Post Fordism Essay

For nearly a century, Taylorism and Fordism combined to construct the predominant rules of production and manufacturing employment in America. This formula created not only affordable products for the American market but also the consumer class that these products needed to be profitable. This article gives an overview of Taylorism, Fordism, and Post-Fordism. Each is presented in chronological order and contrasted with the preceding ideologies. The scientific approach of Taylor, Ford's division of labor, and the global marketplace of Post-Fordism appear to be enduring influences of these movements. An understanding of all three is essential in understanding the modern economy and the changes and ideologies that lie ahead.

Keywords Assembly Line; Contradictions of Capitalism; Mass Production; Piecemeal; Post-Industrialism; Scientific Management; Specialization; Vertical Engineering

Taylorism, Fordism,


In 1878, a young American engineer named Frederick Winslow Taylor (1856–1915) moved his apprenticeship to the Midvale steelworks on the industrial fringes of Philadelphia. The Midvale workers were paid piecemeal. Ideally, this meant that the more a worker produced, the more they got paid. In practice, this meant that each time a worker earned too much, in the eyes of the employer, the piecemeal rate would be cut for all workers (Donkin, 2001). The result was that workers began to harmonize their efforts to limit production and produce only enough to prevent further cuts and stay out of trouble. Taylor was amazed at the level of creativity, expertise, and labor that went into achieving this golden mean of un-productivity. At first he began to address the problems at Midvale in a traditional manner: he fired unproductive employees. When the new employees were equally unproductive, he cut the piecemeal rate. This only entrenched the Midvale workers deeper into the behaviors Taylor was attempting to break down. When Taylor turned to management for support, he found he could not convince them that his new ideas would work (Donkin, 2001).

If Taylor was going to change the behavior of the workforce, he had to better understand the work processes in order to sway management. With the approval of the owners, he began a series of scientific experiments in which he broke down the processes of the plant into smaller, simple tasks and used a stopwatch (the latest technology) to record the time necessary to perform each task in various ways. These experiments, though not the first of their kind, would become the basis of new work practices at Midvale, two books of scientific management, and the beginning of modern business management.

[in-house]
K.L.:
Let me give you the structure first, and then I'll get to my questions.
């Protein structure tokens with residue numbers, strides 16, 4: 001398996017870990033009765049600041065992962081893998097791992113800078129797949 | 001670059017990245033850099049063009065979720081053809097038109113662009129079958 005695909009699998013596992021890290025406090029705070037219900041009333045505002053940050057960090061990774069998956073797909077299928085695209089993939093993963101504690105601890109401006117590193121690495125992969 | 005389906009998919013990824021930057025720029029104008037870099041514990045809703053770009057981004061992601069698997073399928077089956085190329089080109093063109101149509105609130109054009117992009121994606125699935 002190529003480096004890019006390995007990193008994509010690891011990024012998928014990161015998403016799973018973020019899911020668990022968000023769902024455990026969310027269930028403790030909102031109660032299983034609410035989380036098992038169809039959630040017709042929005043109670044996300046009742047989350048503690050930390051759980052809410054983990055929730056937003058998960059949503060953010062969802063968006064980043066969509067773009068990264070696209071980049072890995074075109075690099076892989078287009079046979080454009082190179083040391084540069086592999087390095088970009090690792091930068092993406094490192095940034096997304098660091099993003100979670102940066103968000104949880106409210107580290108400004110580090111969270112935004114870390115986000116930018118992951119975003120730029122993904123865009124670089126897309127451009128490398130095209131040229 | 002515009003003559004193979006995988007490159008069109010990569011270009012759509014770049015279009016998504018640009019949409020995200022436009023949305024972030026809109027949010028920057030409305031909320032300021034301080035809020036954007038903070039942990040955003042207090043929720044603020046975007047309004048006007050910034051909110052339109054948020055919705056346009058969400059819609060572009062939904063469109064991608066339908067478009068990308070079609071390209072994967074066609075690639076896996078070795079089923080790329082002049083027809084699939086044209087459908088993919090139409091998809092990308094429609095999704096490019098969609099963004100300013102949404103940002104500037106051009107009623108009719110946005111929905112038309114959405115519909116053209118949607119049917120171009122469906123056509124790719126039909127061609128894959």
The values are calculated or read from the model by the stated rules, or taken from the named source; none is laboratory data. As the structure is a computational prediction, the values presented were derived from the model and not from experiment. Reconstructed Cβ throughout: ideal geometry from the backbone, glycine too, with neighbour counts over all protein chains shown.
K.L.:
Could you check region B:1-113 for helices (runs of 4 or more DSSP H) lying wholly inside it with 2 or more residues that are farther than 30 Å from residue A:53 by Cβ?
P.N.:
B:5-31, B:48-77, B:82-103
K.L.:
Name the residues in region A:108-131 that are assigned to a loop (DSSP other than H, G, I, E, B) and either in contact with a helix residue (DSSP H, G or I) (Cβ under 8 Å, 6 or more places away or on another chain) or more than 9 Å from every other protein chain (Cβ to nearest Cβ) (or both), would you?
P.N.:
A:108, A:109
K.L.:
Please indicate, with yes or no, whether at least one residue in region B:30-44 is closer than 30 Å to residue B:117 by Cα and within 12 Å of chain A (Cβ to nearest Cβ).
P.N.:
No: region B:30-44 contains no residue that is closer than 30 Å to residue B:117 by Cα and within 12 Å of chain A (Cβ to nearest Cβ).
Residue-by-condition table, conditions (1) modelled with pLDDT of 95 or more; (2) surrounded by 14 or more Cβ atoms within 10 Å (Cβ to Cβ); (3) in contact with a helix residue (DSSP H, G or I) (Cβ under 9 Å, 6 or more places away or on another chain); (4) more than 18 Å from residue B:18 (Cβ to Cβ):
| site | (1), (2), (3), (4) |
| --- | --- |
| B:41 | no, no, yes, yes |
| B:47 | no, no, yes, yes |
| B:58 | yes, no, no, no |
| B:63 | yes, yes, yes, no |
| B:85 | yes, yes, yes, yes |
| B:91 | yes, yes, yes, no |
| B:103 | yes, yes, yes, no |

Henry Ford (1863–1947) was the founder of Ford Motor Company. His big idea was that work, previously conceived of as only a sustenance act, could be improved with technology to become the mechanism that set people free to live their own lives (Donkin, 2001; Ford & Crowther, 2005). At the core of this thinking was the idea that manufacturing should be efficient enough and workers paid enough that a worker could afford to purchase the products they produce. Ford believed a degree of prosperity should come from a worker’s "honest effort" (Ford & Crowther, 2005). How Ford developed the practice of mass production did make it possible for a Ford assembly line worker to purchase a Ford automobile. It also changed how products were produced, how workers were trained and worked, and how management functioned.

For nearly a century, Taylorism and Fordism combined to construct the predominant rules of production and manufacturing employment in America. Large companies used well-paid employees performing repetitive, fairly simple tasks on assembly lines to produce complex, though largely standard, products. This formula created not only affordable products for the American market but also the consumer class that these products needed to be profitable. American prosperity, previously isolated to the industrial barons of the late nineteenth century, was extended to more people than ever before, and the American middle class expanded rapidly.